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A eulogy to Professor Sir Peter Morris

November 9, 2022 | All

Professor Sir Peter Morris, one of the most universally acclaimed transplant surgeons of his generation, died at the age of 88 years on October 29th 2022.

Peter Morris was born in Australia and qualified in Medicine (having switched from Engineering) at Melbourne University in 1957. His surgical training included a junior post at the Hammersmith Hospital, London, and a residency post at the Massachusetts General Hospital in Boston. He moved to work under Dr David Hume, a leader in the nascent clinical field of kidney transplantation, where he was able to fulfil his interest and expertise in tissue-typing, making major contributions to the knowledge of lymphocytotoxic antibodies and the role of humoral immunity in transplantation. Returning to Melbourne in 1968, as a transplant surgeon, he established the tissue-typing laboratory (where he described the paradoxical benefit of the ‘blood transfusion effect’) and later was appointed as director of the Australian Kidney Foundation.

In 1974 he moved to the University of Oxford, as the Nuffield Chair of Surgery, the post that he occupied until his retirement in 2001. With team members Alan Ting and John Fabre who moved with him from Australia, and working with his nephrology colleague Dr Des Oliver, he set about establishing a clinical kidney transplant and tissue-typing service in Oxford. The first transplants were carried out in 1975 and a dedicated transplant unit was opened in 1978 (to be replaced by the current unit in 1992). His development of the clinical service was closely aligned with that of a highly productive academic department, attracting scientists and surgeons from all over the world: his integration of basic immunology in a department of surgery was both inspiring and successful. Indeed, many subsequent leaders in the science and clinical practice of kidney transplantation all over the world spent formative years in Oxford. His and his group’s clinical and scientific research publication record was prolific: notably, as well as a great many original papers, his definitive textbook ‘Kidney Transplantation’ has long been regarded as the seminal work in this field.

Peter was a visionary and a leader. As well as heading the Nuffield Department of Surgical Sciences, Peter was the co-founder (with John Bell) of the Wellcome Trust Centre for Human Genetics in Oxford. He established the Centre for Evidence in Transplantation (CET) between the Royal College of Surgeons and the London School of Hygiene and Tropical Medicine (where he held an honorary professorship), in order to create a virtual centre that would provide easy access to high-quality evidence in organ transplantation. In 2008 the CET was integrated within ESOT, providing a transplant library, education in systematic reviews and clinical trial alerts. He contributed greatly to The Transplantation Society (International), including as its President in 1984-86, and was part of the founding of the European Society of Organ Transplantation (ESOT) in 1981.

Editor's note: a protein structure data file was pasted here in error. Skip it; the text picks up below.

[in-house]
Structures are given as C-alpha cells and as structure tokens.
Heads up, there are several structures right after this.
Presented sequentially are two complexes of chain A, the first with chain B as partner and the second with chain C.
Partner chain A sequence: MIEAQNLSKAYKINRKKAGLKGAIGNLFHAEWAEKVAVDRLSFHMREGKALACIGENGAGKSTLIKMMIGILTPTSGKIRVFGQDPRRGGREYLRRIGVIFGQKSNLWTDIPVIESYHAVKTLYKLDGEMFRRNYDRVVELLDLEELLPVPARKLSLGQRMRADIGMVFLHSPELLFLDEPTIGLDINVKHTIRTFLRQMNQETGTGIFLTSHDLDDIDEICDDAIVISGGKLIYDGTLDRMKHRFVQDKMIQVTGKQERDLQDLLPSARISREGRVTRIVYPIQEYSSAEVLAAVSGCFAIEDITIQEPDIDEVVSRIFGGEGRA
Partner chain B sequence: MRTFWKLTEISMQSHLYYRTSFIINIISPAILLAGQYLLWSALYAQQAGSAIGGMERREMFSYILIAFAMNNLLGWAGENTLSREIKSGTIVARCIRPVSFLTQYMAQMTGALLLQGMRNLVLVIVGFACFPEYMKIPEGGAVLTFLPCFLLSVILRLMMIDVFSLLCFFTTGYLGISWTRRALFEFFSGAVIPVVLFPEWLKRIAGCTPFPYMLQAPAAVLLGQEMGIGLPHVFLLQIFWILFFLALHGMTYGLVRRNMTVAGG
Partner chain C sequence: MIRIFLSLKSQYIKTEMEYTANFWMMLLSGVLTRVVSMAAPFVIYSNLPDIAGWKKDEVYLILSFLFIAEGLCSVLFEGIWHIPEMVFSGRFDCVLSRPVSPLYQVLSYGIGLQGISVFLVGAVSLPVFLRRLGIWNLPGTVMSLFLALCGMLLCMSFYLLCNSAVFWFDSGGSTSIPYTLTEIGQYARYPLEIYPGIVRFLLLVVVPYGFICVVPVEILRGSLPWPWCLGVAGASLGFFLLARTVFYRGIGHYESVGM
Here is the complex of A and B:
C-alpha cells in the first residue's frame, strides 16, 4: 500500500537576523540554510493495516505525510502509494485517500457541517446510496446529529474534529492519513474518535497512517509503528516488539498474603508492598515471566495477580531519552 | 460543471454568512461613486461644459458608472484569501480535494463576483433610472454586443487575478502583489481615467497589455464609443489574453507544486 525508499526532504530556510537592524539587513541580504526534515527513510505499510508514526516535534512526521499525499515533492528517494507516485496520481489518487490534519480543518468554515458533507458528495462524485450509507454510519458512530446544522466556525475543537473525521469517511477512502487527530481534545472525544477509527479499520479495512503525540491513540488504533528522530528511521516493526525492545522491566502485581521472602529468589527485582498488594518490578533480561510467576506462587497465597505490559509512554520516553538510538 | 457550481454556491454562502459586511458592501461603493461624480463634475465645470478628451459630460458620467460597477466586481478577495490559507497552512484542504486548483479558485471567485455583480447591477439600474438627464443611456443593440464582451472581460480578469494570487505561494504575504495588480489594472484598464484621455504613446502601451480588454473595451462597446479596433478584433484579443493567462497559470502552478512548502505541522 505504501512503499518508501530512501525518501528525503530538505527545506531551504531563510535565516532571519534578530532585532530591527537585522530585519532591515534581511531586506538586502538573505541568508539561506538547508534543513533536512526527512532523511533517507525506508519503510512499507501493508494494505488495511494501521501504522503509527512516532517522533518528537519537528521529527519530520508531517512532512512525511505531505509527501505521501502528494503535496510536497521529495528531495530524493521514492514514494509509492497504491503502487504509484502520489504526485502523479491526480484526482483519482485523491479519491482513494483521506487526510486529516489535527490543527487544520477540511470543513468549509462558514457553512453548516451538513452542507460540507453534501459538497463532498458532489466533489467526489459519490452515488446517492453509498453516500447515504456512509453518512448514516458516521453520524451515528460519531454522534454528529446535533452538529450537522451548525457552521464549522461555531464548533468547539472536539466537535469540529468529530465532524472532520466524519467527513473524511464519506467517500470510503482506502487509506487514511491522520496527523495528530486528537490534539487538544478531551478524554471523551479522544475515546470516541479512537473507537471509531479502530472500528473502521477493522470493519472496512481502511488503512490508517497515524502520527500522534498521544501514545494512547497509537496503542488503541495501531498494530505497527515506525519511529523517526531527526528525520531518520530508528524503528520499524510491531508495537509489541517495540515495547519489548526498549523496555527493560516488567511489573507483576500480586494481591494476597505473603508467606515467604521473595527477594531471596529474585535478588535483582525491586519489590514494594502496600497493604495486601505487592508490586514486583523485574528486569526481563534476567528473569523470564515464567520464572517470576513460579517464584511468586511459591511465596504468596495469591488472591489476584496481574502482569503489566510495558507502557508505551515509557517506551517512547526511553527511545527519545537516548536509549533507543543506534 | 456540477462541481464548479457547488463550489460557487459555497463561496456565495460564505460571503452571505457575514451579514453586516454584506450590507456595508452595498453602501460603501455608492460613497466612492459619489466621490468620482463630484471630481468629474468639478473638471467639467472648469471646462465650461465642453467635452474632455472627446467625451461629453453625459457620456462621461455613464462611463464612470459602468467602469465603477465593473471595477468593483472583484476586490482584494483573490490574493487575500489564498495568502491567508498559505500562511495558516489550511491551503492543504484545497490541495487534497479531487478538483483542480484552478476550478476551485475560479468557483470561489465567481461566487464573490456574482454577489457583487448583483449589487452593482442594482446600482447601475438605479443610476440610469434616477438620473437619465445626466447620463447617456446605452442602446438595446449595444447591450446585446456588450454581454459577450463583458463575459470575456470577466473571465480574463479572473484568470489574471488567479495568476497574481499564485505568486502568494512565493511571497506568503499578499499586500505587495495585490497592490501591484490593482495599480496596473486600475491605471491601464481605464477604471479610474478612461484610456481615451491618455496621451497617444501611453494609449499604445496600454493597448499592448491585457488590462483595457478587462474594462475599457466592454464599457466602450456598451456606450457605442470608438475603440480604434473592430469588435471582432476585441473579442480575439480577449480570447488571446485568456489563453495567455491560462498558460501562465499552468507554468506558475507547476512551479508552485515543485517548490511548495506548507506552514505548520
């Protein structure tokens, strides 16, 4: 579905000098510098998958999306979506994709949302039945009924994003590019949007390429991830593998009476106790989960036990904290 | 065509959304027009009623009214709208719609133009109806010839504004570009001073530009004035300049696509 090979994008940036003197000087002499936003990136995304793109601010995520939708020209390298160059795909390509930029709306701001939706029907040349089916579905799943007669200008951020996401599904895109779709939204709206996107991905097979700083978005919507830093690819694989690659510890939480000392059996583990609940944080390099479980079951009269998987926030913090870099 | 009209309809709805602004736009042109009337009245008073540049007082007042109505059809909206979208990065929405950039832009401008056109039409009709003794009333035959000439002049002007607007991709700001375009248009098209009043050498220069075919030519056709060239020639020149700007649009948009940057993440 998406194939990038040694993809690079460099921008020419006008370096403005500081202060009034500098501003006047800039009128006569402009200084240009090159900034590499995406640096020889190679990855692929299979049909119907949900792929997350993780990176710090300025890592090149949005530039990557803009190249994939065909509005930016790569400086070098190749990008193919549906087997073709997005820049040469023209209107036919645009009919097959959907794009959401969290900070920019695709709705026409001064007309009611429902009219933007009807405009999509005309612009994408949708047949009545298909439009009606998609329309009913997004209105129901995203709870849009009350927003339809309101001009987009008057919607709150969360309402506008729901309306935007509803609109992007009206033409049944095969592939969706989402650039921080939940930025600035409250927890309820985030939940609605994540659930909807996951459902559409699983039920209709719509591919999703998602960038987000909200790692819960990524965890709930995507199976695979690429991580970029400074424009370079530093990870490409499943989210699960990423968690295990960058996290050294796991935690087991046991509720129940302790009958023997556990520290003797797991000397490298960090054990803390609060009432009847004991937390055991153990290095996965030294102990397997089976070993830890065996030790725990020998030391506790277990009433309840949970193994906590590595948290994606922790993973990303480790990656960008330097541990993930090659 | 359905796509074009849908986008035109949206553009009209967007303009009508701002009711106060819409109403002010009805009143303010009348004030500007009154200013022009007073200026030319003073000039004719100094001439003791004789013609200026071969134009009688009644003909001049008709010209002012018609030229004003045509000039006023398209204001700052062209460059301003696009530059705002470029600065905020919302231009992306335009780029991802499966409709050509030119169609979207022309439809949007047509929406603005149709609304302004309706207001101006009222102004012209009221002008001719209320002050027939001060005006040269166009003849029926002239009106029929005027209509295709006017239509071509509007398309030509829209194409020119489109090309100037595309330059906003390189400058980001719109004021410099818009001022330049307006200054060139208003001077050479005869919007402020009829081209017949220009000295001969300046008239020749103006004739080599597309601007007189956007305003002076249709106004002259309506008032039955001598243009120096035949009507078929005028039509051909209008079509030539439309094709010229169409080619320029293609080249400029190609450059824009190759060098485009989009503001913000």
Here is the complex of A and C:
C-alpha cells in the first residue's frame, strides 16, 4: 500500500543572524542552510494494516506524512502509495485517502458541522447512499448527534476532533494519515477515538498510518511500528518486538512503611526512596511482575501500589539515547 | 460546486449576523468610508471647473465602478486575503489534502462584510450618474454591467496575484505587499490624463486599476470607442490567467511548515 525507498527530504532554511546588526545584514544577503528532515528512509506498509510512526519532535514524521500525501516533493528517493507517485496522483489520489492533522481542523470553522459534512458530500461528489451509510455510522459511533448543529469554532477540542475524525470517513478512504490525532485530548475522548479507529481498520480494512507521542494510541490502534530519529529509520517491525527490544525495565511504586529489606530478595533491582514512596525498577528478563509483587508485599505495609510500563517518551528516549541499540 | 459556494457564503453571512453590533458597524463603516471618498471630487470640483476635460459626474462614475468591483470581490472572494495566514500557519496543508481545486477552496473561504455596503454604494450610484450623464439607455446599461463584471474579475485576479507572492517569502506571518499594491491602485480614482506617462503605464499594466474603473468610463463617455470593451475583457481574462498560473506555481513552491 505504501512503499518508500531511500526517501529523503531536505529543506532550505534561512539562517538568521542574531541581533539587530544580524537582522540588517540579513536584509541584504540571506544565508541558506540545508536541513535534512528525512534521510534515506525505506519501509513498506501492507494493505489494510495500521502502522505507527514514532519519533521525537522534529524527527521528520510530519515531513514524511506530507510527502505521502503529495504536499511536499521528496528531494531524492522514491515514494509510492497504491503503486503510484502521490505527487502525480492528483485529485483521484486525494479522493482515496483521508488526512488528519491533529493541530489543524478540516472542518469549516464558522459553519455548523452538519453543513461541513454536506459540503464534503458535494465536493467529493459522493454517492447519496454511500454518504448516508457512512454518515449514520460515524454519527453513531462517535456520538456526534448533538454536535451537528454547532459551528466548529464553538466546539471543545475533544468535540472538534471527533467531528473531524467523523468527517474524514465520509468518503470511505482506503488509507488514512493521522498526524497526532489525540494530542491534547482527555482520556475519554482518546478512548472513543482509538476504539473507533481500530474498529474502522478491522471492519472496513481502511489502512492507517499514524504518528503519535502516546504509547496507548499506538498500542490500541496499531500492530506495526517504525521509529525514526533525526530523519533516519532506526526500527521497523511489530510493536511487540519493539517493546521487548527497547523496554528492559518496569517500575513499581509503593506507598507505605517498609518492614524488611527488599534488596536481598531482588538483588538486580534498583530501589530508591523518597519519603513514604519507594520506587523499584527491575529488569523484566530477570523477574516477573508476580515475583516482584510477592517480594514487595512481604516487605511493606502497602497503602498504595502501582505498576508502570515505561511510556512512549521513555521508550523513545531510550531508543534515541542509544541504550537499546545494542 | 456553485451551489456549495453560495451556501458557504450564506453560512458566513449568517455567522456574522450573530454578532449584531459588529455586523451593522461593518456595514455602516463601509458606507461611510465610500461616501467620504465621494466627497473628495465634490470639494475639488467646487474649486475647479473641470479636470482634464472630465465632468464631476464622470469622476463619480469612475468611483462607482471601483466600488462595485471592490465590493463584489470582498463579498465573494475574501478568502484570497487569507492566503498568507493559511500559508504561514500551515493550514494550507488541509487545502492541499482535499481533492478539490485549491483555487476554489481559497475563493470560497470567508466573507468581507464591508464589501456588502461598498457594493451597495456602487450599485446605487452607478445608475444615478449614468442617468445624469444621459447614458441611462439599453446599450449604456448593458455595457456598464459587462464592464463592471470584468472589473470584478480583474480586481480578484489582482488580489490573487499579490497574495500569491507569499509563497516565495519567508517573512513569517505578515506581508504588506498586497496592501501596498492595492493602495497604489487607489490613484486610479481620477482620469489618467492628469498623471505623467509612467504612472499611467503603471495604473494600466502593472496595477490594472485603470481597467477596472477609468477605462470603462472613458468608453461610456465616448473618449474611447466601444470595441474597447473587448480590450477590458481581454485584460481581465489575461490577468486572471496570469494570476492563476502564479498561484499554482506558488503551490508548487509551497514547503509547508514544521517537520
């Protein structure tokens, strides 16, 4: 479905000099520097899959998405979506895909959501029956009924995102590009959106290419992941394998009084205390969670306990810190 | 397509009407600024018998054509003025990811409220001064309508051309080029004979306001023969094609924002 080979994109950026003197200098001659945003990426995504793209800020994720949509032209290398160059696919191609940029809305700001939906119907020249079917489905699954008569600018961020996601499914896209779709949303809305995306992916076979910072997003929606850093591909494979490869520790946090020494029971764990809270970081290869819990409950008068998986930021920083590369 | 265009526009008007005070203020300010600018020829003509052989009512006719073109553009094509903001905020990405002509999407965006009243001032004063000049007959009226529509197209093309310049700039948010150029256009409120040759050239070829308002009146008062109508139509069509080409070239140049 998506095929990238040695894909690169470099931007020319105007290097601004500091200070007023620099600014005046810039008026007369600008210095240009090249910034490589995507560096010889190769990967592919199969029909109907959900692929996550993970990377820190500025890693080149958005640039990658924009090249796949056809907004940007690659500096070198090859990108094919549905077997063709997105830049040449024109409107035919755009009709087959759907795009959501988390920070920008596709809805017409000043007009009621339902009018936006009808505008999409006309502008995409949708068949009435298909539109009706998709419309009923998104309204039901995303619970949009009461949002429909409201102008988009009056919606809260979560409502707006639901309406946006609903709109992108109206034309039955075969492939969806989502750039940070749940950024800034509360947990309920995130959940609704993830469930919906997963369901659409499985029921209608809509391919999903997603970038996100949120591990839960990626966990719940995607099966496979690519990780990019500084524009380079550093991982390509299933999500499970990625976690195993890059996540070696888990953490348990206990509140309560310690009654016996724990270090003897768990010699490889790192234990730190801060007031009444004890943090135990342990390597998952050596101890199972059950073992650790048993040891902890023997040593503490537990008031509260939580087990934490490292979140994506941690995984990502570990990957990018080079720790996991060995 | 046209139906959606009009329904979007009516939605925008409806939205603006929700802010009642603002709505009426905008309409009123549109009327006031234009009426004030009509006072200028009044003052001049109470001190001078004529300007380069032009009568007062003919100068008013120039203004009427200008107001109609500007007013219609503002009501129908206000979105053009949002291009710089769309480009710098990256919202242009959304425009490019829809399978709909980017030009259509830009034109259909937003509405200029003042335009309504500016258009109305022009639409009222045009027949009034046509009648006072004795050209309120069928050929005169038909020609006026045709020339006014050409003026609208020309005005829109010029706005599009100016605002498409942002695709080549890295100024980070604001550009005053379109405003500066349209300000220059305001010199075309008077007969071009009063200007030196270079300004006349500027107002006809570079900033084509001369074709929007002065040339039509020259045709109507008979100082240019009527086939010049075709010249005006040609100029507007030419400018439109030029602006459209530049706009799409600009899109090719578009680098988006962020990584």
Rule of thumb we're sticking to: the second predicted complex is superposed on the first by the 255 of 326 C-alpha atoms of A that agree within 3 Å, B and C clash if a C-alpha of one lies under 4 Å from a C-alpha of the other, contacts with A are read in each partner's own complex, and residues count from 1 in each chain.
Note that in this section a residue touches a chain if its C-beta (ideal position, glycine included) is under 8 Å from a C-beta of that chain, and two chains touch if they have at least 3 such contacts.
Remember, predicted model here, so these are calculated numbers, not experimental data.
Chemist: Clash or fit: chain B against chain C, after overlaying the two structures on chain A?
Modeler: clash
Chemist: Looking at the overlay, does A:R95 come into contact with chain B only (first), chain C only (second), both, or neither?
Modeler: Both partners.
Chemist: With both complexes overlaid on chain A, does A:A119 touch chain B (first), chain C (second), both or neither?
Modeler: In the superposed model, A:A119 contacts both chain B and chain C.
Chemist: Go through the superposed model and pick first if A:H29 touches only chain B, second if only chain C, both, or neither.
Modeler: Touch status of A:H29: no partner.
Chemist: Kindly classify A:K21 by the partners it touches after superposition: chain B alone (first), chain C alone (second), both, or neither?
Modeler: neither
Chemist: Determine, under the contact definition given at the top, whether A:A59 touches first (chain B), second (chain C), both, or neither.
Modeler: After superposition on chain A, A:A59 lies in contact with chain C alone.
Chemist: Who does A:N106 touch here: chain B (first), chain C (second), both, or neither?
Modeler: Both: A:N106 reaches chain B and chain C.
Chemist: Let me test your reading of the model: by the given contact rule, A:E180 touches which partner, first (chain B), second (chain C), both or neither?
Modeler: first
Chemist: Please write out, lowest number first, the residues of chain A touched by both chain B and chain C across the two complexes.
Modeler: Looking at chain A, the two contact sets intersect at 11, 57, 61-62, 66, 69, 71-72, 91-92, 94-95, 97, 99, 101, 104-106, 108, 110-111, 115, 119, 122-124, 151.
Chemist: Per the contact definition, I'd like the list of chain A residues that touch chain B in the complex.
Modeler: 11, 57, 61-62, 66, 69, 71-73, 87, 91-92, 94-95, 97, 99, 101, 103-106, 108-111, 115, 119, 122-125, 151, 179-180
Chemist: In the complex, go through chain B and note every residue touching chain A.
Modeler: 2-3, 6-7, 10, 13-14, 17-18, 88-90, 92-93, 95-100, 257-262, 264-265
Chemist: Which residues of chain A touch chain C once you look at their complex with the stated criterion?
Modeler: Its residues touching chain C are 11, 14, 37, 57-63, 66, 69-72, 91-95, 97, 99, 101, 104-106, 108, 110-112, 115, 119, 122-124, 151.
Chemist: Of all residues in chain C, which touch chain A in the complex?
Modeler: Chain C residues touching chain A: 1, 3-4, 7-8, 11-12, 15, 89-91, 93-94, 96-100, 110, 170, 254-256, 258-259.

Peter was widely recognised for his contributions to surgery and science. He was knighted by Queen Elizabeth II in 1996 for services to Medicine and made a companion of the Order of Australia in 2004. He was elected as Fellow of the Royal Society in 1994 and to the Academy of Medical Sciences in 1998; he was awarded the Lister Prize and the Medawar Prize in 2006. He served as President of the Royal College of Surgeons of England from 2001 to 2004. He was also an Editor of the journal Transplantation for many years.

Peter excelled at several sports and retained a lifelong passion for cricket and golf. Regular sporting fixtures between the Oxford and Cambridge Departments of Surgery included tennis, squash and skiing which fostered strong personal and academic bonds between the two institutions.

As well as his exceptional contributions to the clinical, scientific and professional aspects of Transplantation and Surgery, Peter was committed to all the people with whom he worked. He had an extraordinary ability to recognise the contributions of every member of the wider team, irrespective of their rank or seniority, including that of remembering names and roles. He will be greatly missed by his countless students, trainees, colleagues and patients and by his many friends around the world.

Peter married a fellow doctor, Jocelyn (Joce) in 1960. She survives him, along with their five children and their families.

Written jointly with input from Rutger Ploeg and Kathryn Wood and Peter Friend.


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